Evolving threats and new security models are trending in IT news and across the cybersecurity industry. Enterprises and IT professionals recognize the need for better security protocols in the face of newer, bigger and more intimidating threats. It’s time for organizations to start developing appropriate frameworks to protect networks and data from unauthorized access in light of these current trends.
Coronavirus Goes Cyber
Coronavirus outbreaks around the world have dramatically increased instances of searches for the name of the virus and related keywords. Hackers are exploiting this popularity to launch a wave of new phishing and malware attacks.
By hinting at conspiracy theories and playing off fears, hackers can potentially convince users to click on links in or download files from malicious emails. Instances of this type of phishing are occurring in various languages around the world. Researchers have uncovered numerous “unique” malware files associated with the trend.
People may receive emails citing a mysterious coronavirus cure or promising more information about a supposed new outbreak. If the phishing attempt isn’t recognized and a user’s device is infected, the malware can begin capturing account and login information through the use of keystroke logging.
Businesses need to be particularly diligent about alerting employees to these malicious phishing campaigns. It’s easy for people to panic and give into fear in the face of an apparent epidemic. Raising awareness can prevent reactive mistakes from undermining network security.
Blackmail Comes to Ransomware
Ransomware, one of the biggest threats of 2019, has entered the new year with a darker twist. As businesses improve ransomware detection and mitigation, hackers are upping the ante by launching attacks involving a combination of data theft and system lockdowns. Many are no longer simply demanding ransom payments in exchange for restoring system access. Now, hackers are threatening to expose stolen data if their targets refuse to pay.
This leaves businesses with little recourse but to meet hackers’ demands. Restoring data from backups may allow organizations to continue operating, but it doesn’t prevent hackers from leaking confidential information on dark web forums or posting it on public websites. Data leaks threaten user and customer security and put businesses at risk of being fined for privacy law violations.
Hackers are using the threat of these consequences to collect higher ransoms; however, companies have no guarantee stolen data won’t be leaked even after paying up. Focusing on strong, strategic identity management practices can help protect networks from such attacks and prevent incidents of catastrophic data theft and loss.
Blockchain Identity Management Market Shows Impressive Projections
Valued at $107 million in 2018, the market for blockchain identity management is projected to hit $11.46 billion by 2026. A look at what’s driving the growth reveals the desire for a decentralized self-sovereign identity solution providing up-to-date user information in real time. Companies and organizations are looking for identity management options with the ability to provide better, more scalable security solutions, and the blockchain shows promise in fulfilling these needs.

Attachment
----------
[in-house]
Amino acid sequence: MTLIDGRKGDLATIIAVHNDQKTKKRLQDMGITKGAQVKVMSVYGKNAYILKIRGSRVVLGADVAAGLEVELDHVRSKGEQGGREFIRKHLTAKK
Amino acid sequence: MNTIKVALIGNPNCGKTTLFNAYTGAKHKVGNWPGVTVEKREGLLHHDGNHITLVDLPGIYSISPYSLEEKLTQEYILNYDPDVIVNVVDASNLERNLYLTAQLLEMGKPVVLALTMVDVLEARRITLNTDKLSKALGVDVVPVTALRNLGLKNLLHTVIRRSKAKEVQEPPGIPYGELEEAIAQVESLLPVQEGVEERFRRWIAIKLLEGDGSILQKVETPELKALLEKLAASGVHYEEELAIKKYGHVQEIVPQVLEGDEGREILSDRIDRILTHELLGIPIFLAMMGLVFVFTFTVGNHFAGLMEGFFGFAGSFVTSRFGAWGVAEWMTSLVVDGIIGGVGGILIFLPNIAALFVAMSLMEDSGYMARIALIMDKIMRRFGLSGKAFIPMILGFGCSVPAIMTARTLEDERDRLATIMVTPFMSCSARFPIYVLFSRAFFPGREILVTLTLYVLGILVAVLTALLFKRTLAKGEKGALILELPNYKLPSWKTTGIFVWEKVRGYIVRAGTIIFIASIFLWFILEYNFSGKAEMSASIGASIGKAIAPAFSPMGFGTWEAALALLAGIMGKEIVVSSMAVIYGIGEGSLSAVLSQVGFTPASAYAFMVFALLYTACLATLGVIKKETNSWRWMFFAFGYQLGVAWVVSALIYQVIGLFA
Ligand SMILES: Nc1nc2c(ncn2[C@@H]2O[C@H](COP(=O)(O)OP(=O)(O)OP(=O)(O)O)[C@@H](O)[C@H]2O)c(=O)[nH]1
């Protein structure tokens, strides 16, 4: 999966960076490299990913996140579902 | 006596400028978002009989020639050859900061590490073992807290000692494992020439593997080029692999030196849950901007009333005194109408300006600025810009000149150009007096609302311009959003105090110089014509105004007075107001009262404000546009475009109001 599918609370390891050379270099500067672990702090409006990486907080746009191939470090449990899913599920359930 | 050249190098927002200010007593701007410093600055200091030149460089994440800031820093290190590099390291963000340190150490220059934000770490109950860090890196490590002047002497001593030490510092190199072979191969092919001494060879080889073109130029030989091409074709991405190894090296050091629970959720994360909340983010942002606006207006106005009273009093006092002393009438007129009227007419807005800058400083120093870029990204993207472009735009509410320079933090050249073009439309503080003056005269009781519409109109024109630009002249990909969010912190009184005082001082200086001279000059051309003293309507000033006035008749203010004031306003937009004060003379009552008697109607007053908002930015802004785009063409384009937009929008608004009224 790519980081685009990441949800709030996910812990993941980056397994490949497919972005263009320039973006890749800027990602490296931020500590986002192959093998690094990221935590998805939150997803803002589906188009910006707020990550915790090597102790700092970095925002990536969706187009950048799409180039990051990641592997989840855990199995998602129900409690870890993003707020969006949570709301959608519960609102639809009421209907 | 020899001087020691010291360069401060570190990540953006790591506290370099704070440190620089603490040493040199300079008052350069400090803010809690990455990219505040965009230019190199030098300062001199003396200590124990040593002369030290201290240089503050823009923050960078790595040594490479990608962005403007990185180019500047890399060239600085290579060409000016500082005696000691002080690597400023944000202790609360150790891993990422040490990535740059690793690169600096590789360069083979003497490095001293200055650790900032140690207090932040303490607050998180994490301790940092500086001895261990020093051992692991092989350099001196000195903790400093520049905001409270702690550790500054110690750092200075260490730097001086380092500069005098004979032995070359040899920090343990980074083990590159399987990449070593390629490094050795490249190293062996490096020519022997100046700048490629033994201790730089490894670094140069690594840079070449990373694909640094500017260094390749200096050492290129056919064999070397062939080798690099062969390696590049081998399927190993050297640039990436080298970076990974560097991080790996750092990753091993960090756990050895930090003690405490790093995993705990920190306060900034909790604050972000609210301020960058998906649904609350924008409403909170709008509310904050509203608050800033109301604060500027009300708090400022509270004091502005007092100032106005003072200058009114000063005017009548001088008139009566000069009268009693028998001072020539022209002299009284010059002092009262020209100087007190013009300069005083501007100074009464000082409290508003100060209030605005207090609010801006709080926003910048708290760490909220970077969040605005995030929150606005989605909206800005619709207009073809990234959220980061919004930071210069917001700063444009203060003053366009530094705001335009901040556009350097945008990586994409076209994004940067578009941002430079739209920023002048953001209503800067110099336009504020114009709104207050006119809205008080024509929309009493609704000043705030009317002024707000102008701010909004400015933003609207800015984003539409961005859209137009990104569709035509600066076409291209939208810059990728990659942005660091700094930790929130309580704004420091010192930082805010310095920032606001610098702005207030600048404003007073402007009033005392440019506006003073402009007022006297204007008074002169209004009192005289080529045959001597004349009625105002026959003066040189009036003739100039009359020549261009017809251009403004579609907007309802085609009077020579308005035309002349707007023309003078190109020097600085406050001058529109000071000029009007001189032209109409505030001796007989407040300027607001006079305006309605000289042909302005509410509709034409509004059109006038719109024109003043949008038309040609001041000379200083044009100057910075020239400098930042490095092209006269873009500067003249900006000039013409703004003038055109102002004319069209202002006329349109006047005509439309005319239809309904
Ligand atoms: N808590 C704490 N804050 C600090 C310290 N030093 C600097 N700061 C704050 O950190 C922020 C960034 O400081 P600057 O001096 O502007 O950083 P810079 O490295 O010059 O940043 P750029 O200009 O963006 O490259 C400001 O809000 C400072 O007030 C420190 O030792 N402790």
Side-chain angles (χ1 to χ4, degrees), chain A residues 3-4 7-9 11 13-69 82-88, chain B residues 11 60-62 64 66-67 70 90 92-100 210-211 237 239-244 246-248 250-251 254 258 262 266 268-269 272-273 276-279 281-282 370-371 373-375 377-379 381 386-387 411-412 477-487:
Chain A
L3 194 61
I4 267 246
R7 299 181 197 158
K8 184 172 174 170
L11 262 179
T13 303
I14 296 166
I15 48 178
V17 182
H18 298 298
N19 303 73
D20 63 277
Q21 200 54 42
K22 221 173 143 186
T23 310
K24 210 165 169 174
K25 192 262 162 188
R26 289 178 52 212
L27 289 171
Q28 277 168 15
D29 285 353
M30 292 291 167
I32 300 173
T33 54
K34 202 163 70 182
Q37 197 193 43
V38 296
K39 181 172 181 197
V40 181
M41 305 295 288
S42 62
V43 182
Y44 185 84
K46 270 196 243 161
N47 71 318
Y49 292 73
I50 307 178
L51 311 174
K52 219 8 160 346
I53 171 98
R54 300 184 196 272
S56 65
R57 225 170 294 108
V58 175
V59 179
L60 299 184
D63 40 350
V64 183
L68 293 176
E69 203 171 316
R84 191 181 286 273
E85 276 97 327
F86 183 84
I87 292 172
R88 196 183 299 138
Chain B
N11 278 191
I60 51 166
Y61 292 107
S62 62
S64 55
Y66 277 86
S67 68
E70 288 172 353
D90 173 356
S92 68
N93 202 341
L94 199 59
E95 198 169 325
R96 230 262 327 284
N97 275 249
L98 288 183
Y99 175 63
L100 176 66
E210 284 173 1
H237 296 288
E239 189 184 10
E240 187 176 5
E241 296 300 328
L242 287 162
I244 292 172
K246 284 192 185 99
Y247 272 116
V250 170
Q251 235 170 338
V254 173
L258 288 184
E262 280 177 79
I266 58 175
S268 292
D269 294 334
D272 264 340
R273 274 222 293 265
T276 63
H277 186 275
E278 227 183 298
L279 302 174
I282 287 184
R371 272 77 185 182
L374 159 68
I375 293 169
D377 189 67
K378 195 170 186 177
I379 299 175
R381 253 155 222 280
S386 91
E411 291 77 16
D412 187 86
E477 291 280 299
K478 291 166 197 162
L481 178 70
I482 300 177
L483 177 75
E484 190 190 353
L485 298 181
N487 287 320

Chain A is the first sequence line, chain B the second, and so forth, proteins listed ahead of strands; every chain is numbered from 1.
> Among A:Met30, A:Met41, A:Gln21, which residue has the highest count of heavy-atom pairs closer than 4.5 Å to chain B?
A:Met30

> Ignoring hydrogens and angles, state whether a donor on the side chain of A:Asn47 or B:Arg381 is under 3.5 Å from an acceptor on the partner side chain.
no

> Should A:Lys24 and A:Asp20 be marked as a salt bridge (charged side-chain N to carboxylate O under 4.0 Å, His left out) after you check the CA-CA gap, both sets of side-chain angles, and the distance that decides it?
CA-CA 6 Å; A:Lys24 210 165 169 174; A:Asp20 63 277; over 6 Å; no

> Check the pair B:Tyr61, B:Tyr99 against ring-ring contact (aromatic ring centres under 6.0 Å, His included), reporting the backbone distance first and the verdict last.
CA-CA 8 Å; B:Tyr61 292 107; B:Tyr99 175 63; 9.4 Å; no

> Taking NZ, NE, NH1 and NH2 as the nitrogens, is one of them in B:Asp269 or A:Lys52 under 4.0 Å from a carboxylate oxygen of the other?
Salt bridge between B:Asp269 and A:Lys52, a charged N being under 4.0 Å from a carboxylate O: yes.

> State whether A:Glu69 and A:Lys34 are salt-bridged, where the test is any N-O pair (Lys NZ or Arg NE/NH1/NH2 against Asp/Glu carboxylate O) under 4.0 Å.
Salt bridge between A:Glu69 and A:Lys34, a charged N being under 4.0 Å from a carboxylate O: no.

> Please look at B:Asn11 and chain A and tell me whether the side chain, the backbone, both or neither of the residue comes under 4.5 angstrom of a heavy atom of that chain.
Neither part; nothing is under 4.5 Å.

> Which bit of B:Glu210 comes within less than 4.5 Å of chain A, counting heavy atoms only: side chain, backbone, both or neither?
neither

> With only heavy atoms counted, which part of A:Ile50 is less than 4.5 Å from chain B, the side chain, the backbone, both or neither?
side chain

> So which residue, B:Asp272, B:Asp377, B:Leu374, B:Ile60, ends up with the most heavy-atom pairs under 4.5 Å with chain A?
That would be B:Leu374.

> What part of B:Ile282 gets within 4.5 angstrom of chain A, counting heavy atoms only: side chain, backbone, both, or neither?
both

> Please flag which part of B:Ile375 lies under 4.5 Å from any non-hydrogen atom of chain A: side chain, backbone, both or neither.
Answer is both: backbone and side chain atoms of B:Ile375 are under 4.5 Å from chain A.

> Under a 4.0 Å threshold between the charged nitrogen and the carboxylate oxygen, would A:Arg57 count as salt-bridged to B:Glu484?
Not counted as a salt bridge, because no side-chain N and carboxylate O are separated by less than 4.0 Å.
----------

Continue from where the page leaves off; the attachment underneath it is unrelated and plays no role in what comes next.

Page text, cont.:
The concept of a single authentic identity stored immutably in the blockchain has applications across many industries. From banking to healthcare to business networks, blockchain identities could be used to build trust between all parties by using numerous authentication factors to verify individuals. At the same time, the blockchain could offer improved privacy protection to help both users and organizations maintain data security across platforms.
Zero Trust Implementation Drags in the Face of Doubts
Continuous authentication through zero-trust security has the potential to significantly improve identity and access management, but IT and cybersecurity professionals still lack the confidence necessary to implement the framework within their organizations.
According to a survey conducted by Cybersecurity Insiders, two-thirds of cybersecurity professionals are interested in using zero-trust security models, but one-third don’t feel equipped to actually deploy the strategy. Making the move to zero trust does require more effort than implementing other protocols. However, removing barriers to implementation allows businesses and organizations to address some of their most pressing security concerns, including:
• Endpoint security
• Privileged account management
• Vendor and other third-party account access
Laying a framework for transitioning to zero-trust security can guide security professionals and the companies with which they work in mapping out the steps necessary to cover all vulnerable areas of the network with this comprehensive form of access management.
The biggest takeaways for IT departments, cybersecurity professionals and enterprise executives are the need for stronger security and continuing user education. Changes in common threats like ransomware suggest further evolution in the future. Organizations need to be ready with appropriate defenses and responses.
Educating users minimizes the risk of the kinds of errors that lead to breach activity. By coupling educational initiatives with ongoing security improvements, organizations can create stronger protections against known threats and any new attacks appearing in the future.